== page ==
According to Sung-Chap et al. (2012), methodological interventions that are based on behavioral change have high effectiveness in the prevention and control of obesity. This is also supported by interventions carried out at school level. Therefore, it is important to implement projects that will bring change at family level in order to develop positive health habits for the children.
The project will run for six months. It will start by a consultative meeting with the key stakeholders to establish the key components of the plan. The second day will entail gathering the required equipment and resources needed for the project. The third day, the overall strategic plan will be drawn with details about all the undertakings. The selecting criteria for the children will be formulated and implemented by the social workers. This activity is expected to take three weeks. The first day of the project’s second month, after all resources and families are identified, evaluation criteria will be developed. The plan will be evaluated using formative and summative evaluation; the formative assessment will involve monthly monitoring of the project while the summative one will be undertaken after the completion of the plan. Table 1 below is the evaluation plan to be used.
Table 1: Evaluation Plan.
|Are project implementations processes being met?||In-charge nurse|
|Have all the required resources been assembled?||In-charge nurse|
|Is the strategic plan in place and are all stakeholders involved?||In-charge nurse|
|Are there behavioral changes among the study participants? |
(parameters: physical activity, diet, perception)
|Weight changes for the children||Nutritionist|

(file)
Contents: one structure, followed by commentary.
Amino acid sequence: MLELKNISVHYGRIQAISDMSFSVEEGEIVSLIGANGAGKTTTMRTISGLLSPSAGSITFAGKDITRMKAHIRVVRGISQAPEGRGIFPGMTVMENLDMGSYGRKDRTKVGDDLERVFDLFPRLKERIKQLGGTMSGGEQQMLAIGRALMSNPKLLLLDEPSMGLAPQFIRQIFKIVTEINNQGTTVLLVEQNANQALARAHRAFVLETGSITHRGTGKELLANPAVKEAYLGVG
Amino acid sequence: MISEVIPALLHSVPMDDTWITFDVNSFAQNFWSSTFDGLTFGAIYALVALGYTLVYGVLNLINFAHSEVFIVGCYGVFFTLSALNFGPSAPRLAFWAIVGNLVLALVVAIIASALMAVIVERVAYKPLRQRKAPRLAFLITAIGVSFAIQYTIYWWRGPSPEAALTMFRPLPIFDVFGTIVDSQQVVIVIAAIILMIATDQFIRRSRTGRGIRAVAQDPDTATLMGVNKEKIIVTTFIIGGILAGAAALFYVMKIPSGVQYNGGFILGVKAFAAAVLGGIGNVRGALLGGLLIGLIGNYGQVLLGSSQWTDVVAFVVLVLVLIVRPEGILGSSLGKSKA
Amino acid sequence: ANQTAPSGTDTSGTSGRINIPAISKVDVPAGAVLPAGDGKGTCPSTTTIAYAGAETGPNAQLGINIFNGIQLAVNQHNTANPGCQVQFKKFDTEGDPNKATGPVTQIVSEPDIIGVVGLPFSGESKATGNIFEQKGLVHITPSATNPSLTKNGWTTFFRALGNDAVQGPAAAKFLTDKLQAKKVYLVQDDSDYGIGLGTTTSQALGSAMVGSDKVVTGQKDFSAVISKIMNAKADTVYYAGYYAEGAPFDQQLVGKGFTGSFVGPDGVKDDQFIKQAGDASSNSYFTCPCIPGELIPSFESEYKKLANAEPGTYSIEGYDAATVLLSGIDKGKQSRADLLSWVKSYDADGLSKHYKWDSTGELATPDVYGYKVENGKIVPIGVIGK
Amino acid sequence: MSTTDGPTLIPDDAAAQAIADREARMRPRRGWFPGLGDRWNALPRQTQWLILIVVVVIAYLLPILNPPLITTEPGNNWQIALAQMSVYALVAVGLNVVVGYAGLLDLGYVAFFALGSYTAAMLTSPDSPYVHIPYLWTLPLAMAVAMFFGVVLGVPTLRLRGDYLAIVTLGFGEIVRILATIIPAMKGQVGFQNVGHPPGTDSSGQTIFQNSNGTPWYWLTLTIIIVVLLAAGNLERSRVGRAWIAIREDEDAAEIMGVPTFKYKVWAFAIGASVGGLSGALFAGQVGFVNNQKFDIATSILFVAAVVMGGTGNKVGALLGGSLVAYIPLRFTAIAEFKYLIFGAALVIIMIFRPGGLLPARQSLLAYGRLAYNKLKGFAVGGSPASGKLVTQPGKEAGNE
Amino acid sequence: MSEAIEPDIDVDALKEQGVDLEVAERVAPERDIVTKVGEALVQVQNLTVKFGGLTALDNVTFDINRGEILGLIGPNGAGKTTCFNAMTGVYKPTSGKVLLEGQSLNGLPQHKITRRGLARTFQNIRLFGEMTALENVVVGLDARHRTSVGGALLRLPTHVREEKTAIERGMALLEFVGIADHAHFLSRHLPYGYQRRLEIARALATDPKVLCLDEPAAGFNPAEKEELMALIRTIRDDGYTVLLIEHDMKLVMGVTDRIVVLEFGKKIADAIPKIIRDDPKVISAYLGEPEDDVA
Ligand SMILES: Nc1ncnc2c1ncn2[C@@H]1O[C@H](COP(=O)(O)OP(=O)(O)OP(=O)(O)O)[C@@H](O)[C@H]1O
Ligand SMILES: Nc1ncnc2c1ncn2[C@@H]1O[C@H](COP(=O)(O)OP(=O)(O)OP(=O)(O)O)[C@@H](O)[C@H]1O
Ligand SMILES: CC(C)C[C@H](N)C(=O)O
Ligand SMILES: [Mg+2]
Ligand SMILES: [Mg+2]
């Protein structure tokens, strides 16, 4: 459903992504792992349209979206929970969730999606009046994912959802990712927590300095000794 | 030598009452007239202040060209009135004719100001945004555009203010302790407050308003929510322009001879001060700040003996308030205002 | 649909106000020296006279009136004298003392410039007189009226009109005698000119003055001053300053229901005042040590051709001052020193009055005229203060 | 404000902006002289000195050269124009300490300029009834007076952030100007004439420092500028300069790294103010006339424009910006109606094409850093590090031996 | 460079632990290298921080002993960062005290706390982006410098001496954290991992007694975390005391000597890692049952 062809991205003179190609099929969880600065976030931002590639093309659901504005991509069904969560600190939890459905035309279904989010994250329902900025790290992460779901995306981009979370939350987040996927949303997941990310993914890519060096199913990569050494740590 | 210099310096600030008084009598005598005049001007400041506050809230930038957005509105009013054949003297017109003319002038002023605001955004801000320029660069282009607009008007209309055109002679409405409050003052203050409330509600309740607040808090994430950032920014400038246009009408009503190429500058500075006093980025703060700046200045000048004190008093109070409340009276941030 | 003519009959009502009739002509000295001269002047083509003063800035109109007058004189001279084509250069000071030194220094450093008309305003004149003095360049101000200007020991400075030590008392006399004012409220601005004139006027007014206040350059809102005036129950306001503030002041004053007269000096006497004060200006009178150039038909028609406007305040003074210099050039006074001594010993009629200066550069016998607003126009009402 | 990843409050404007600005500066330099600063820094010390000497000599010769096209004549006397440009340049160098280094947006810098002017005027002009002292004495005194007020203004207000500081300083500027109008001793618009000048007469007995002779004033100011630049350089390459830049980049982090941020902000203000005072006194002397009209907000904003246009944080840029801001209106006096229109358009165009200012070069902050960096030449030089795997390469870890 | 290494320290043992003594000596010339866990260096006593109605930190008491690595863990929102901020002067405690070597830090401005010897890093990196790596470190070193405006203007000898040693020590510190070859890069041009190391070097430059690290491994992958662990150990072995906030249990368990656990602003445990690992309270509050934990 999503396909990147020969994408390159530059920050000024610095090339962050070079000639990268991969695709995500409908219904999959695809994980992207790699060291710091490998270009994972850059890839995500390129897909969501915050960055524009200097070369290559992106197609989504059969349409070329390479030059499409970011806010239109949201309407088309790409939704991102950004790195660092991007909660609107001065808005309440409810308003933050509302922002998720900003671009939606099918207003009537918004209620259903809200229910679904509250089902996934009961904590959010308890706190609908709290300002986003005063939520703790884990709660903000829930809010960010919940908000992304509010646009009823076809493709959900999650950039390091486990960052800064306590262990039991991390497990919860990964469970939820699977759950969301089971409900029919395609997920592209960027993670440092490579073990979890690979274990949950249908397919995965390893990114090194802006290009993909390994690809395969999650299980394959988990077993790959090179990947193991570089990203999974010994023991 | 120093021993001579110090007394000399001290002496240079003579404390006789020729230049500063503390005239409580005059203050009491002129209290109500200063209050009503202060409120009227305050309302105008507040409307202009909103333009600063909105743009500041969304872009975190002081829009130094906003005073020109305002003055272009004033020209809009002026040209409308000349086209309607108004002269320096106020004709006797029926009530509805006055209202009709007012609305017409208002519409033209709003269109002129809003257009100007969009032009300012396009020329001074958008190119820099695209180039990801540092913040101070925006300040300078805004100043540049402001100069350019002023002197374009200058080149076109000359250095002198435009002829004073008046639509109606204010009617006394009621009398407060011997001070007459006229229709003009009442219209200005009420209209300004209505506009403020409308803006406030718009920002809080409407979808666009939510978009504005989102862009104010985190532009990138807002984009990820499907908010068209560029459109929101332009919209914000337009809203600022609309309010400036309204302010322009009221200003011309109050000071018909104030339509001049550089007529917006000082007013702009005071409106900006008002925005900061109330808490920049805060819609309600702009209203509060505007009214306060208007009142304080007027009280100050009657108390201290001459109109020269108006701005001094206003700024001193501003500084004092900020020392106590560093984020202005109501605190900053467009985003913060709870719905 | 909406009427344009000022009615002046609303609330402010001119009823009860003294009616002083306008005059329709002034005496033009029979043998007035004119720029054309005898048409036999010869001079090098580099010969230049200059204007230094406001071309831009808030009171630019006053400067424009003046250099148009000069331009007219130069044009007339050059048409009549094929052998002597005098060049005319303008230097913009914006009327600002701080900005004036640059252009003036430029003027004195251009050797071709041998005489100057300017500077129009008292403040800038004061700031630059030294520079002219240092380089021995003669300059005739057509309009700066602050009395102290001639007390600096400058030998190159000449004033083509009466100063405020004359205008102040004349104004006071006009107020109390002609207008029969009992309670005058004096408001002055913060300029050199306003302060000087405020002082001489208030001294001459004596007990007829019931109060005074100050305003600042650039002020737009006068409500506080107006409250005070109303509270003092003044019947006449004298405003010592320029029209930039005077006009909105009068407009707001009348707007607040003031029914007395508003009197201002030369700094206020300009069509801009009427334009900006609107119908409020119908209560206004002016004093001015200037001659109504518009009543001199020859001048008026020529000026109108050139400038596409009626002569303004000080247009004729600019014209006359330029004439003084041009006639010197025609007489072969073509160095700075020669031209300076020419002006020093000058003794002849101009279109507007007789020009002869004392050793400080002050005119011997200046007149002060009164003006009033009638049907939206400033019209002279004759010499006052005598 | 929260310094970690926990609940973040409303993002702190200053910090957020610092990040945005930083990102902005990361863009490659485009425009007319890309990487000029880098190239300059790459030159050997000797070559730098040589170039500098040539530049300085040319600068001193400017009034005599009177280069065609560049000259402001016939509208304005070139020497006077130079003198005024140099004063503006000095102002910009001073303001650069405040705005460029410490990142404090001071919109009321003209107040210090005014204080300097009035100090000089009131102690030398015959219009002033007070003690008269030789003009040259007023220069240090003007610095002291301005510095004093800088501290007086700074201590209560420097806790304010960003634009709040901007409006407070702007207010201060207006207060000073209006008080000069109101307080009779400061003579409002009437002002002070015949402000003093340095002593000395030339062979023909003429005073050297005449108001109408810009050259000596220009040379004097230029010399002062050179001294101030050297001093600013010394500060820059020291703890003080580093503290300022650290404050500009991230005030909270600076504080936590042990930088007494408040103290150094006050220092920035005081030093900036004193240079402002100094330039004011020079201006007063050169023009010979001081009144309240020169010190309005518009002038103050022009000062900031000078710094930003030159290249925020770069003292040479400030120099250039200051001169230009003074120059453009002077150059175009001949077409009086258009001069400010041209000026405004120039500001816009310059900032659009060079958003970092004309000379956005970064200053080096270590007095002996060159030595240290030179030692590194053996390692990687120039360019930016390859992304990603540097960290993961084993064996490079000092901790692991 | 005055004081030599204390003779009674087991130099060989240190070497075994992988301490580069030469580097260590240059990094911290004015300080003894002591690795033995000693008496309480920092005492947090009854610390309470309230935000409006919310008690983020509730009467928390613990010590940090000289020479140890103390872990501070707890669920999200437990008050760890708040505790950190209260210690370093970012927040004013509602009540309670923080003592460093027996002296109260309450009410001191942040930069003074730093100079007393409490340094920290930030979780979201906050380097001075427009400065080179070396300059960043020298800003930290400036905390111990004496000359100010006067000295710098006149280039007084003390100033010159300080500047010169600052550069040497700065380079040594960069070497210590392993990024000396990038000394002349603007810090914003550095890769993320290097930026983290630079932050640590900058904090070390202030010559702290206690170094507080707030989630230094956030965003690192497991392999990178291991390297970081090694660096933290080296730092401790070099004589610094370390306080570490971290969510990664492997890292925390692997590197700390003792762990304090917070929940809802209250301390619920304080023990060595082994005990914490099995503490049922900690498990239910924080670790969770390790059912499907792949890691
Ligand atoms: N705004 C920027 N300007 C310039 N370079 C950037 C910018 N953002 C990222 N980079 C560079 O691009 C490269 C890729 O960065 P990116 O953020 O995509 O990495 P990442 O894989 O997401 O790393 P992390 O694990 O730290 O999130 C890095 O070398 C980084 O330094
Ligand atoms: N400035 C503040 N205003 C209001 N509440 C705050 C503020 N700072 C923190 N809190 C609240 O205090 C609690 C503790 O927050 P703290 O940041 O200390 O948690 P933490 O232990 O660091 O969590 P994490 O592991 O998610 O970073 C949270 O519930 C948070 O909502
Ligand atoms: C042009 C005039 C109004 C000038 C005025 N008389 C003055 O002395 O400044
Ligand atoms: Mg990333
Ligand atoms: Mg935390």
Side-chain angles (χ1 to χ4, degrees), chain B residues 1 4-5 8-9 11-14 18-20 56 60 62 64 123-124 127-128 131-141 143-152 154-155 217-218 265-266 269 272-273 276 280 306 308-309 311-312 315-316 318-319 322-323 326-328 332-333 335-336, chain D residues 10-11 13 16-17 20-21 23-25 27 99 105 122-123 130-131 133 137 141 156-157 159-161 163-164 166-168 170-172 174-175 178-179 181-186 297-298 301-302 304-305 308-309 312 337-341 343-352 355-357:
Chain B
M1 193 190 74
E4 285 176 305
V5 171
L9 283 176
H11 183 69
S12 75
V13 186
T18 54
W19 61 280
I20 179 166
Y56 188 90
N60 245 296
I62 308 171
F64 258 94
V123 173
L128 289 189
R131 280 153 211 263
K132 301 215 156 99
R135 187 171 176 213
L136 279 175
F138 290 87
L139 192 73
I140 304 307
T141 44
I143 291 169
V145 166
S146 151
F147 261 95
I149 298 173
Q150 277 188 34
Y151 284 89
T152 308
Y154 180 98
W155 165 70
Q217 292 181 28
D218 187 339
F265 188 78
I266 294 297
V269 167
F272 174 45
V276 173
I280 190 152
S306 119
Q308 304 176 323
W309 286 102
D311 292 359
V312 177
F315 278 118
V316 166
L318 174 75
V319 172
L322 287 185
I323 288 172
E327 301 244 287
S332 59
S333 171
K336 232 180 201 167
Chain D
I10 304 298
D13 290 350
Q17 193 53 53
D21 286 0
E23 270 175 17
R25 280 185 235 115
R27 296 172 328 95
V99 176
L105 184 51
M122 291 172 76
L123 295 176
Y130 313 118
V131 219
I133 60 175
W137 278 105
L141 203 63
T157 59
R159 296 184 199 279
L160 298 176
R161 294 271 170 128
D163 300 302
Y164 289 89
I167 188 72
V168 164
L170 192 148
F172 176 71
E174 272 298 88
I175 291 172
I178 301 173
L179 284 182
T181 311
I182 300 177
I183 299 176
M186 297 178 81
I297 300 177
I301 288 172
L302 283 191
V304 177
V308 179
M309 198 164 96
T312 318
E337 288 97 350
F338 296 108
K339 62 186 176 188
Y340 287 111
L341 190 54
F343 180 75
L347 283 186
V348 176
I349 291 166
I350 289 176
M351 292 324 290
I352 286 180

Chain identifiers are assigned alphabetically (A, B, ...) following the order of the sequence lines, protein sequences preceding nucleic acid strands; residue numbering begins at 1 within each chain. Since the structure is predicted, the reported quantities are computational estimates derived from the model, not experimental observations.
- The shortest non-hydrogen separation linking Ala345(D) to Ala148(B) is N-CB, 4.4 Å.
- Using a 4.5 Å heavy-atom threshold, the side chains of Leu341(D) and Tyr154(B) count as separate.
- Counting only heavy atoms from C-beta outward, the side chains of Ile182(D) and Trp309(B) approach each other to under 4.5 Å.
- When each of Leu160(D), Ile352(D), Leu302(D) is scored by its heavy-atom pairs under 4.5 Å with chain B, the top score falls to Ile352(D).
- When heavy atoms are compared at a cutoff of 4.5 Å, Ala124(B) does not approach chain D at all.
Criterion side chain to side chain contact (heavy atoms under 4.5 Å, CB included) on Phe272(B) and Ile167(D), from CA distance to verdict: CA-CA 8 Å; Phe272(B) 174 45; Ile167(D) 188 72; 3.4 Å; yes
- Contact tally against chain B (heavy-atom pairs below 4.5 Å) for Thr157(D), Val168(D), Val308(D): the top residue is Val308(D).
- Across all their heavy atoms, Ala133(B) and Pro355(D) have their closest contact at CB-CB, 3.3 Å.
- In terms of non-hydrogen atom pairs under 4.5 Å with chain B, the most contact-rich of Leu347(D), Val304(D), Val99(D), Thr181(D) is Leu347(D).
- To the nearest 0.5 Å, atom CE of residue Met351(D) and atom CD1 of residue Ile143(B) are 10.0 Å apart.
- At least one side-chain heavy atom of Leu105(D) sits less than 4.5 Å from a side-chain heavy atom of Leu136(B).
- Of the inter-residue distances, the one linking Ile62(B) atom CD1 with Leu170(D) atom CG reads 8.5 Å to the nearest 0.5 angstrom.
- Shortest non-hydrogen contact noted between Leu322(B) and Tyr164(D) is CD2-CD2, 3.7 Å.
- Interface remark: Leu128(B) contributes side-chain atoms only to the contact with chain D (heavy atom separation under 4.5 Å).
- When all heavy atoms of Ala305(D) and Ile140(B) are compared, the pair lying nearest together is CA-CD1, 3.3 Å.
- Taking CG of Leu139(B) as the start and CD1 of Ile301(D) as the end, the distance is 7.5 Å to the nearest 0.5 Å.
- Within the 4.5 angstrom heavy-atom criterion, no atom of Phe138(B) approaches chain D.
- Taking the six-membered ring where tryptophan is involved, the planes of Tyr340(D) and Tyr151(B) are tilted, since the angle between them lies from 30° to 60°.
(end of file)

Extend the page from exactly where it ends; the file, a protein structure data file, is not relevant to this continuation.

Evaluating Outcomes and Reporting Outcomes
The desired outcomes for the project include increased physical exercise, adherence to the specialized diet programs and weight reduction for the overweight and obese children.
The physical exercise will be measured by recording the number of times the children engage in physical exercise while the specialized diet will be established by providing children and parents with checklist to tick whenever the child adheres to the prescribed meal. Finally, the overweight and obese status will be established by continuous monitoring of the children’s weight. The results will be reported by use of tables and charts that will be presented to stakeholders during monthly seminars.
Identify Next Steps
In order to implement the plan on a larger scale, there will be a lobby for policy changes at the state government level. Therefore, not-for-profit organizations, department of health, and legislators concerned with health will be included as stakeholders. Their work will be to lobby for policy changes to ensure the program is incorporated as one of the health programs funded by the government.
Findings will be disseminated internally by use of consultative meetings that will be held on weekly basis to discuss the progress of the plan. This will help in identification of successes and gaps and necessary measures taken. Externally, there will be health seminars held on monthly basis to present the findings.
The increasing prevalence and incidence rate of overweight among children presents a great health and economic problem to the society. A family-based intervention is necessary in which the school-aged children are introduced to healthy living though programs that focus on increased exercise, reduction of fast food consumption and adoption of balanced meals.
Amini, M., Djazayery, A., Majdzadeh, R., Taghdisi, M-H., & Jaayeri, S. (2015). Effect of school-based interventions to control childhood obesity: A review of reviews. International Journal of Preventive Medicine, 6, 1-8.
Davidson, K., Jurkowski, J., Li, K., Kranz, S., & Lawson, H. (2012). A childhood obesity intervention developed by families for families: Results from a pilot study. International Journal of Behavioral Nutrition and Physical Activity, 10(3), 1-11.
Kothandan, S. (2014). School based interventions versus family based interventions in the treatment of childhood obesity – a systematic review. Archives of Public Health, 72(1), 1-17.
Sung-Chan, P., Sung, Y., & Bronson, R. (2013). Family-based models for childhood obesity intervention: a systematic review of randomized control trials. Obesity Review, 14(4), 265-278.